Live: In this area, I rocked: Lots of family time, time with my son in particular; a cousin to stay for the weekend; Ren Fest, a great new book to read in my bubble bath after the Ren Fest; lots of writing, which I love. Happy sigh.

Think: So I did some things right, some things that I need to work on so that I continue to Melt! I have to remember that this is not a pattern, and I can easily stop it being a trend by getting right back on plan today. Right now I need to get my power protein oatmeal, then get dressed and get out for a power walk. Still having a bit of dizziness, so  I will skip the bike until I can get to my doctor. Given my elevated tendency towards hypochondria, now I’m wondering if I’ve gotten some inner ear infection? A doctor’s visit. Hmm. Need to get my A1C done again, so that works out.

Progress I like this process of constantly re-evaluating my progress and tweaking my plan immediately. When I was a teenager, I would start a new diet on January 1st and when I gave up, I wouldn’t start again until the following New Year. When I was in high school, I would start over every season – I thought of it as the Winter Diet or the Spring Diet and so on. When I was in college, it was really once a month. Two years ago it started being every week that I really looked at what I’d done the week before and thought about what I was going to do this week. In the nine months since the surgery, I first learned to start over every day and now, finally, I’m beginning to start over with every meal.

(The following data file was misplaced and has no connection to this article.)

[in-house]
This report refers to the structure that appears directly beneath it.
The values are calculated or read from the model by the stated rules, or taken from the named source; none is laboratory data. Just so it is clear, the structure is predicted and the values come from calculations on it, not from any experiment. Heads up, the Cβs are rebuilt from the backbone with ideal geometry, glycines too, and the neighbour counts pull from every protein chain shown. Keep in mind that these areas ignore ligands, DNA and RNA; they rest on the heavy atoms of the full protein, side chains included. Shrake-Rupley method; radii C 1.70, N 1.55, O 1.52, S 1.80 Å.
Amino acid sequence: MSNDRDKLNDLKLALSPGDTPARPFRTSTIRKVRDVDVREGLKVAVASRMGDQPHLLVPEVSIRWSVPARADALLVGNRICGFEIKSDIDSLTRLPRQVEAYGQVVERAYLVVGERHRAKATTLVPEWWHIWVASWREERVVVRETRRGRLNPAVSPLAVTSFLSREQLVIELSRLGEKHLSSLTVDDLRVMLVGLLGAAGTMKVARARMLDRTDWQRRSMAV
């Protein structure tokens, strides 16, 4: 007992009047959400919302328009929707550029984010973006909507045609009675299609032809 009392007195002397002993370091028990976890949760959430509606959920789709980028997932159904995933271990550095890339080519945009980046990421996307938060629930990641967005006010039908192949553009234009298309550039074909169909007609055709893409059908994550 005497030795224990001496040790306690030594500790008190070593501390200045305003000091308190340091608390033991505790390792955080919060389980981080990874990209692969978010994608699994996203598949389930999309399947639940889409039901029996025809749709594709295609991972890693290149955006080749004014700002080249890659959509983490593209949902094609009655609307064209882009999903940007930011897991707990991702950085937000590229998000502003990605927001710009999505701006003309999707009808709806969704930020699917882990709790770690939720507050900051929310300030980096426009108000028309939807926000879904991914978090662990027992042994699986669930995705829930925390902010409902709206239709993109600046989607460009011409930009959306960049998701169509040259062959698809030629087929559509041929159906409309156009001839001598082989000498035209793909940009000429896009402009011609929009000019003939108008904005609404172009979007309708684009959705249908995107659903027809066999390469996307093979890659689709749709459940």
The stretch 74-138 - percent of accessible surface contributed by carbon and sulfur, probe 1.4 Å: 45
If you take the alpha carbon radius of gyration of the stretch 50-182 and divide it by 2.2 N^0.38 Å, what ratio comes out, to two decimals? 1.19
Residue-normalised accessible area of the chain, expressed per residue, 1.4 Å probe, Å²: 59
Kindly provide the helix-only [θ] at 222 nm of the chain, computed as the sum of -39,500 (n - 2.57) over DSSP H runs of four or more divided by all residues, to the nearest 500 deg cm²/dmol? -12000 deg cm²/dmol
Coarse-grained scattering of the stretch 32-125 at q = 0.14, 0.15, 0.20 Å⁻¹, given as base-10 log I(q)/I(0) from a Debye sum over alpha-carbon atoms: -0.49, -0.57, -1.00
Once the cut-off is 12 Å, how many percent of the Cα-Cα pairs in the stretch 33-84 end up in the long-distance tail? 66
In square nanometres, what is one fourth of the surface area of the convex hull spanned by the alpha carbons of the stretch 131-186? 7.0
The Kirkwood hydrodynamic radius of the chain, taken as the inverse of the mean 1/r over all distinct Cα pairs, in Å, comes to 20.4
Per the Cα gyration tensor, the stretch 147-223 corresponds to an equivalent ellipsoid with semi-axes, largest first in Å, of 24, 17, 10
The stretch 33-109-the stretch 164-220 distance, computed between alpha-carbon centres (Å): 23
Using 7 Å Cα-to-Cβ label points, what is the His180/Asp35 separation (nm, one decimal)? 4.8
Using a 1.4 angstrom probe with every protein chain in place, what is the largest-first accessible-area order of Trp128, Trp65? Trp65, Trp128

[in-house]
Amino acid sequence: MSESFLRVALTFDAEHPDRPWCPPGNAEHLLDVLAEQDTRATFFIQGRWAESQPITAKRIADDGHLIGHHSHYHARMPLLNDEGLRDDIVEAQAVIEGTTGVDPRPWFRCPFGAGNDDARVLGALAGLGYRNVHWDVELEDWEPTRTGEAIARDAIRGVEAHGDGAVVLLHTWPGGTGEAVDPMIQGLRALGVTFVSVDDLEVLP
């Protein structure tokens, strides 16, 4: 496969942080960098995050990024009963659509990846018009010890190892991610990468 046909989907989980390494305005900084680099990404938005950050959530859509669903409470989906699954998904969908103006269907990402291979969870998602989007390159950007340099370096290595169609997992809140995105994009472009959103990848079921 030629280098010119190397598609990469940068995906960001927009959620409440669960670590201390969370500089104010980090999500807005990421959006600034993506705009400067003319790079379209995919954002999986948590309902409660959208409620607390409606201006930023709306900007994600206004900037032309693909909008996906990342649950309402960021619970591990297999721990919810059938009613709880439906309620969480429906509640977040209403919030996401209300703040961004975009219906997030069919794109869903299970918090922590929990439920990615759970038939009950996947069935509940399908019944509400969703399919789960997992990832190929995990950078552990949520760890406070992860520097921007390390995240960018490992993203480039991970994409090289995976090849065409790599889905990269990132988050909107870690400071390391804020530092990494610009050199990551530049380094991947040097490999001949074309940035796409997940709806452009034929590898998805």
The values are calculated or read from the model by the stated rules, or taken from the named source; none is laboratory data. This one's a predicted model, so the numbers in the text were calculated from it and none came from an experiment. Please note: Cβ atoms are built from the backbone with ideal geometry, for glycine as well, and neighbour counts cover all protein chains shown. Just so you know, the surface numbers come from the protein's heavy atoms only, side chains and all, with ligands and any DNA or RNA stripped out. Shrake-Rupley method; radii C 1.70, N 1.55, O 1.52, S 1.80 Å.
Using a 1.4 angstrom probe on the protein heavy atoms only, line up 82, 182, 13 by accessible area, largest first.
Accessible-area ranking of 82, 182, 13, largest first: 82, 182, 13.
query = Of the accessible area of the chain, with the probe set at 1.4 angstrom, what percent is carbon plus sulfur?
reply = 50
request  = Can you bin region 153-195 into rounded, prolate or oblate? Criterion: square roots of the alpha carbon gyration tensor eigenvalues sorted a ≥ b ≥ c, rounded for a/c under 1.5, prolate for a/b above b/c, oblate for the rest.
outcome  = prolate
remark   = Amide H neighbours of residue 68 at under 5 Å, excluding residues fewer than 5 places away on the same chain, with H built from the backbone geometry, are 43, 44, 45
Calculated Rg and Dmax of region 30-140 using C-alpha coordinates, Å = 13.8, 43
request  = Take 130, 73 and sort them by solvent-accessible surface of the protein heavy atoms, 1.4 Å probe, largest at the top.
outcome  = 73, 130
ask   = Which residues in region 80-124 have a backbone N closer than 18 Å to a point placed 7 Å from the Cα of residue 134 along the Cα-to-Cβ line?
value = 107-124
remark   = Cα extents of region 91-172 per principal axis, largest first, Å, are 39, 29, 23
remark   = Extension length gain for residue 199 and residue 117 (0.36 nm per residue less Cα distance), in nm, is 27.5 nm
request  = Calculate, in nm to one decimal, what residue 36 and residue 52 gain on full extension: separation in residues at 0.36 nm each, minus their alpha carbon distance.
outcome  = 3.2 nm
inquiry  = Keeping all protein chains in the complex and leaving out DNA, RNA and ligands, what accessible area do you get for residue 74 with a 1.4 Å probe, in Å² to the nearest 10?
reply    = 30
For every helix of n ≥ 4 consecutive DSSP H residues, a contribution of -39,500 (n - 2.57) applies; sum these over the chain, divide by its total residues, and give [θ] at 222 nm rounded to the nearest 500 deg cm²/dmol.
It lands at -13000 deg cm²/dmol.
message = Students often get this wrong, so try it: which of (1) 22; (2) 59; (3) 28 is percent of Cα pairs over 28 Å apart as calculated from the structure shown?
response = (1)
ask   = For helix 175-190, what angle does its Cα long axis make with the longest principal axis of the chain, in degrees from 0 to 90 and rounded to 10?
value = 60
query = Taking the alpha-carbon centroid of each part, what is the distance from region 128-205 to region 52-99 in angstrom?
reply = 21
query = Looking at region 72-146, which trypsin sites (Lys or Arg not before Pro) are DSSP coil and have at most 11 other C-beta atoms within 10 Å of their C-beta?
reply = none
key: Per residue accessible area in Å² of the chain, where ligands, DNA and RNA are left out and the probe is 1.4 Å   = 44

Okay, gotta Move, Eat, Live and Think so I can Melt!

Shopping and Menu Planning

8:37 AM I’ve made my power protein oatmeal for the day – idea and recipe courtesy of Venice Nutrition who provided the nutrition element of the two Biggest Losers Challenge I did at Knuckle Up Fitness.  The dishes from last night are finally in the dishwasher and now I need to make a menu plan for the week. I was tempted to pull one of the plans from a previous week so I could start writing, but then realized that menu planning was a good  blog topic for a lazy Sunday morning.

Healthy but Thrifty With only one income these days, eating economically is almost as important as eating healthy. I’m lucky that our one salary is a good one, and unlike so many Americans these days, don’t have to sacrifice health for cost. But we have adopted a few great habits in the last 9 months since we became OIOK’s (One Income One Kid) that have really cut down our costs AND contributed to our being more healthy and losing weight.